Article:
New stories about customer experiences are popping up every day, sometimes accompanied by visual evidence. The Boston Globe is one of several sources that recently ran a story online about an incident where an outraged customer at an Apple store began yelling at staff. The video is short, but has made the rounds, and though the employees come off pretty well in this instance, it brings up a familiar point: anyone could be watching, no matter where you are.
Your live answering service may not be in the same room as the customers making a call, but that doesn't mean the experience won't be shared. Consider, for example, another video circulating among the media depicting a FedEx worker tossing packages haphazardly into the back of a truck. It's less than two minutes long, and yet it paints a negative picture of the company and has resulted in the worker in question getting fired.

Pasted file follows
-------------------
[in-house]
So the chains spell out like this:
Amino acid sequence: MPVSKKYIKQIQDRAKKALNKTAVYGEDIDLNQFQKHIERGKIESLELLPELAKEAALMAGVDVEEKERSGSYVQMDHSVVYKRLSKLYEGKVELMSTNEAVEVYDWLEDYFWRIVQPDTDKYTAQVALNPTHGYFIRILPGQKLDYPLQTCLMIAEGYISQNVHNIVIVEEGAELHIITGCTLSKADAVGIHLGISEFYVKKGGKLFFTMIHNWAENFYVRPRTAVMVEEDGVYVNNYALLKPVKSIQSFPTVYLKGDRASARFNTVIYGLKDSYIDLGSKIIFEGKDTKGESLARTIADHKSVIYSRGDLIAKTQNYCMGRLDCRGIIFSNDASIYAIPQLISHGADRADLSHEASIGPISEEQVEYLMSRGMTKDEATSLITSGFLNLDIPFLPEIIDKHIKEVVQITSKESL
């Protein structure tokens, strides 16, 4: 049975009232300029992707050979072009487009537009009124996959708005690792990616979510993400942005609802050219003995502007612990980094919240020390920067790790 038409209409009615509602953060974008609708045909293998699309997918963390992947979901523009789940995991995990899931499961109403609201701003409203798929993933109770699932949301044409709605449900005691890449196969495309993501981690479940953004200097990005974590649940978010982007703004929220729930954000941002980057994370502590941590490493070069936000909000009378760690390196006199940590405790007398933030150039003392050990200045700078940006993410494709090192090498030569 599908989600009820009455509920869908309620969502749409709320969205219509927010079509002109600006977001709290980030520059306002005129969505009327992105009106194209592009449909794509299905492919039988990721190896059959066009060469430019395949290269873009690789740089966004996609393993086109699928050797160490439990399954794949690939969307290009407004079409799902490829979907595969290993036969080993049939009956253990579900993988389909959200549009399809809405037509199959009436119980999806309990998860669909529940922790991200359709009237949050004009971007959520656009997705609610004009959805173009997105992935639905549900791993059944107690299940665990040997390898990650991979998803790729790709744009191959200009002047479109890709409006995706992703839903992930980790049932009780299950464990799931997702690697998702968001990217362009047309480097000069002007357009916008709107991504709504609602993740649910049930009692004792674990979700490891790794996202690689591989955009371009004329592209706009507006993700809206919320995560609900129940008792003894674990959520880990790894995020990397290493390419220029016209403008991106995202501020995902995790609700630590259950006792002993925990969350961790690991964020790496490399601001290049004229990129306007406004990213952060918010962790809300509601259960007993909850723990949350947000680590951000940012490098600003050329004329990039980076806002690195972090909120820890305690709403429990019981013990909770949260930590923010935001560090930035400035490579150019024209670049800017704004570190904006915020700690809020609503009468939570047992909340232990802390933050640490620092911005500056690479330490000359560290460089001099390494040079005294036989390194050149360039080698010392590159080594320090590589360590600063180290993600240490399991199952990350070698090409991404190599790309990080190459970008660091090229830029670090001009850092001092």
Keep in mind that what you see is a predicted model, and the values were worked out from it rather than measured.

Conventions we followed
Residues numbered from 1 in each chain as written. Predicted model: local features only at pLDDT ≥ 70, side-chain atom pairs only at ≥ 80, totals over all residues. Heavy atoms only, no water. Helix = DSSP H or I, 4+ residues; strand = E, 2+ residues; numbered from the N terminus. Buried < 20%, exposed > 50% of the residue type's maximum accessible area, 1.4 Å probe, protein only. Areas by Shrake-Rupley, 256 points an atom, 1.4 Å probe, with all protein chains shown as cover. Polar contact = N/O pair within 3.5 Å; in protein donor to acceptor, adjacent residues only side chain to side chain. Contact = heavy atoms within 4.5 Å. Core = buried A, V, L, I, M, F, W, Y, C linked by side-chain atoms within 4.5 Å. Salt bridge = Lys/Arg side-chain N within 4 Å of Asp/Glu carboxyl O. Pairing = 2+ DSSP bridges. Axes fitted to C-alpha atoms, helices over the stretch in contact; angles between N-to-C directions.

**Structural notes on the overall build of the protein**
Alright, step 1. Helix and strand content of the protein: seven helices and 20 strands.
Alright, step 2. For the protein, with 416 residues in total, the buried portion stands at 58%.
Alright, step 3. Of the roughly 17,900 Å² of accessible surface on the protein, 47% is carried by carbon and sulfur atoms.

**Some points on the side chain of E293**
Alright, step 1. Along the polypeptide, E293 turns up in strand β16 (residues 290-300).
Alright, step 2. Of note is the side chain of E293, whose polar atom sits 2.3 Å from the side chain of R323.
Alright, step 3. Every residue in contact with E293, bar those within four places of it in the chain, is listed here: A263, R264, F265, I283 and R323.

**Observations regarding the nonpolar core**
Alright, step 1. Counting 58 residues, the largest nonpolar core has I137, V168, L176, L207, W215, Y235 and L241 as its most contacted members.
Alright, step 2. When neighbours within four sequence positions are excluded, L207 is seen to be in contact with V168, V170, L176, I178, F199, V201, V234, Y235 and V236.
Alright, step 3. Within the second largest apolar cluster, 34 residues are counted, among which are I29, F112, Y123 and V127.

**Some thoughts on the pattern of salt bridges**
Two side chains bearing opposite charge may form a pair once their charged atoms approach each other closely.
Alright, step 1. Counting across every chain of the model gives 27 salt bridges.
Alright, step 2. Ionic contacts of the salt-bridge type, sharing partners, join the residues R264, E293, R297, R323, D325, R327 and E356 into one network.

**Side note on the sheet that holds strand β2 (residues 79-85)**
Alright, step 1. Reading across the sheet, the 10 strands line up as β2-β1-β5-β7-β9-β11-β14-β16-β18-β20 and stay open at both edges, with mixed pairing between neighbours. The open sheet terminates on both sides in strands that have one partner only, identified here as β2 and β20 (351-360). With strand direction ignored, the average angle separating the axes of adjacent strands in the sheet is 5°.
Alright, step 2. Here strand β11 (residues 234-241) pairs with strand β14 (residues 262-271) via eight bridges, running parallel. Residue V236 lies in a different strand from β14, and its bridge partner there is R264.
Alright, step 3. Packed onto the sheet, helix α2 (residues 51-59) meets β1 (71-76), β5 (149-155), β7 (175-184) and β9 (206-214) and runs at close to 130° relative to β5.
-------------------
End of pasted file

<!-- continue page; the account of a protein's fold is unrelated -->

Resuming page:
This video, apparently captured by a random civilian who was nearby at the time, seems to be part of an all too common trend these days. A little bit of proof that something dubious or lazy is happening under your company name can be all it takes to stir up some negative headlines.
So, how do you avoid this in the customer service sphere? Contract an internet, text and plain old telephone service provider with the right demeanor to avoid accidents like these. Support lines often remind callers that "this call may be recorded," and it might best suit your services to act as if they're in the spotlight as much as the person starting the exchange.